Bronze

A Bronze Commander directly controls the organisation's resources at the incident and will be found with his or her staff working at the scene. He or she will be under the main control of the police normally, unless it is a fire-and-rescue-led incident, irrespective of which organisation he or she works for. This is to ensure safety and efficiency of all involved as far as possible. If an incident is widespread geographically, different Bronzes may assume responsibility for different locations. If the incident is of a complex nature, as is often the case, different Bronzes are given their own tasks or responsibilities at an incident, for example taking statements, cordon management, or survivor management.

  Police primacy

In the United Kingdom the principle of police primacy means that the police will be the organisation in ultimate charge of the incident, over the other organisations that may attend. Limited exceptions to this occurs if the incident involves a fire or other dangerous hazard, in which case the fire service will have overall charge of the area inside the inner cordon where firefighting or rescue is taking place, and railway accidents, where primacy (if there is no apparent evidence of serious criminality) will lie with the Rail Accident Investigation Branch. Any incident on the cliffs and shorelines or at sea within the UK Search and Rescue region, the Maritime & Coastguard Agency will assume primacy.

This principle is in place because the structure was first created by the UK Metropolitan Police. Another reason for police primacy relates to communications and support infrastructure that are more abundant and widespread in the police than the other emergency services. However, since the basis of the simple system aims to put the most appropriate person in the right position at the right time, some incidents such as a serious fire could see a senior fire fighter adopt the role of Gold for as long as the main task remains extinguishing the fire, as opposed to investigation, etc.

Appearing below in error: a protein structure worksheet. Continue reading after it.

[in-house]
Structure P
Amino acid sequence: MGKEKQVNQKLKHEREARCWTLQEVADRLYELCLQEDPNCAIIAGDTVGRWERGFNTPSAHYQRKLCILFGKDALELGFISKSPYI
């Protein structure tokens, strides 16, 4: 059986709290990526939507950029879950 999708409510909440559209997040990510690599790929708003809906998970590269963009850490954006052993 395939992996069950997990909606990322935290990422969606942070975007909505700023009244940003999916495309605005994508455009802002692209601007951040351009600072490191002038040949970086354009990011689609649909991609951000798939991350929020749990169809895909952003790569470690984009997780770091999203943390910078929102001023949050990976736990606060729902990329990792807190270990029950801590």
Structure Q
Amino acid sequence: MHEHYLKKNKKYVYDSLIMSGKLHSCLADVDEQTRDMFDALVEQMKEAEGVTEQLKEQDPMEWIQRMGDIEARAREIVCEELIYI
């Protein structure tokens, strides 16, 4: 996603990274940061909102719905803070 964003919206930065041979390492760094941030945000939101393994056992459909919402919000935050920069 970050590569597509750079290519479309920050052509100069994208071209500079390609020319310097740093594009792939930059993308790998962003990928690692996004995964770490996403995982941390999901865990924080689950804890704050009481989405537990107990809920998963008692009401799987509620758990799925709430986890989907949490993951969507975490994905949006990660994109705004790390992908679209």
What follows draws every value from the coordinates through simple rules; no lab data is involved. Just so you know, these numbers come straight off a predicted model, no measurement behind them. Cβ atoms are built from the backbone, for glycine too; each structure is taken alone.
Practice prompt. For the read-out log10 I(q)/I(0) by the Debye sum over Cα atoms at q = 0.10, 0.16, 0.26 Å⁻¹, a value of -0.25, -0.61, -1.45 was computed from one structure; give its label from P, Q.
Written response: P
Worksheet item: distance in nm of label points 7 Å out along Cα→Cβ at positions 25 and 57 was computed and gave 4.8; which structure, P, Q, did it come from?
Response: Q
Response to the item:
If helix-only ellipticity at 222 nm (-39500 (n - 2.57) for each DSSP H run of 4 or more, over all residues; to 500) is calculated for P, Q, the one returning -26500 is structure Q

Command structure in practice

The 2005 Buncefield fire can be used as one of many examples to show how the command structure functions. After the explosions on Sunday, 11 December 2005, the strategic operation to bring the incident under control was commenced at Hertfordshire Constabulary's headquarters in Welwyn Garden City, some distance from the incident.

  • Hertfordshire Fire and Rescue Service's Chief Fire Officer Roy Wilsher was based at Gold Command "within one hour of the incident".[3]
  • The location of Silver Command was initially located close to the incident, then moved to Watford.[citation needed]
  • Bronze was situated on the fire ground and was a Hertfordshire fire service control unit. Each of the services had its own senior officers who assumed the roles of gold, silver, and bronze.

During the first three days of the fire, the gold command committee met at 11:00 a.m. and 2:00 p.m.; each session was usually followed by a media briefing. The command meetings were attended by the commanders of the main emergency services, local authority, health and safety officials, and civilian press officers from the emergency services.

  See also

  References

  External links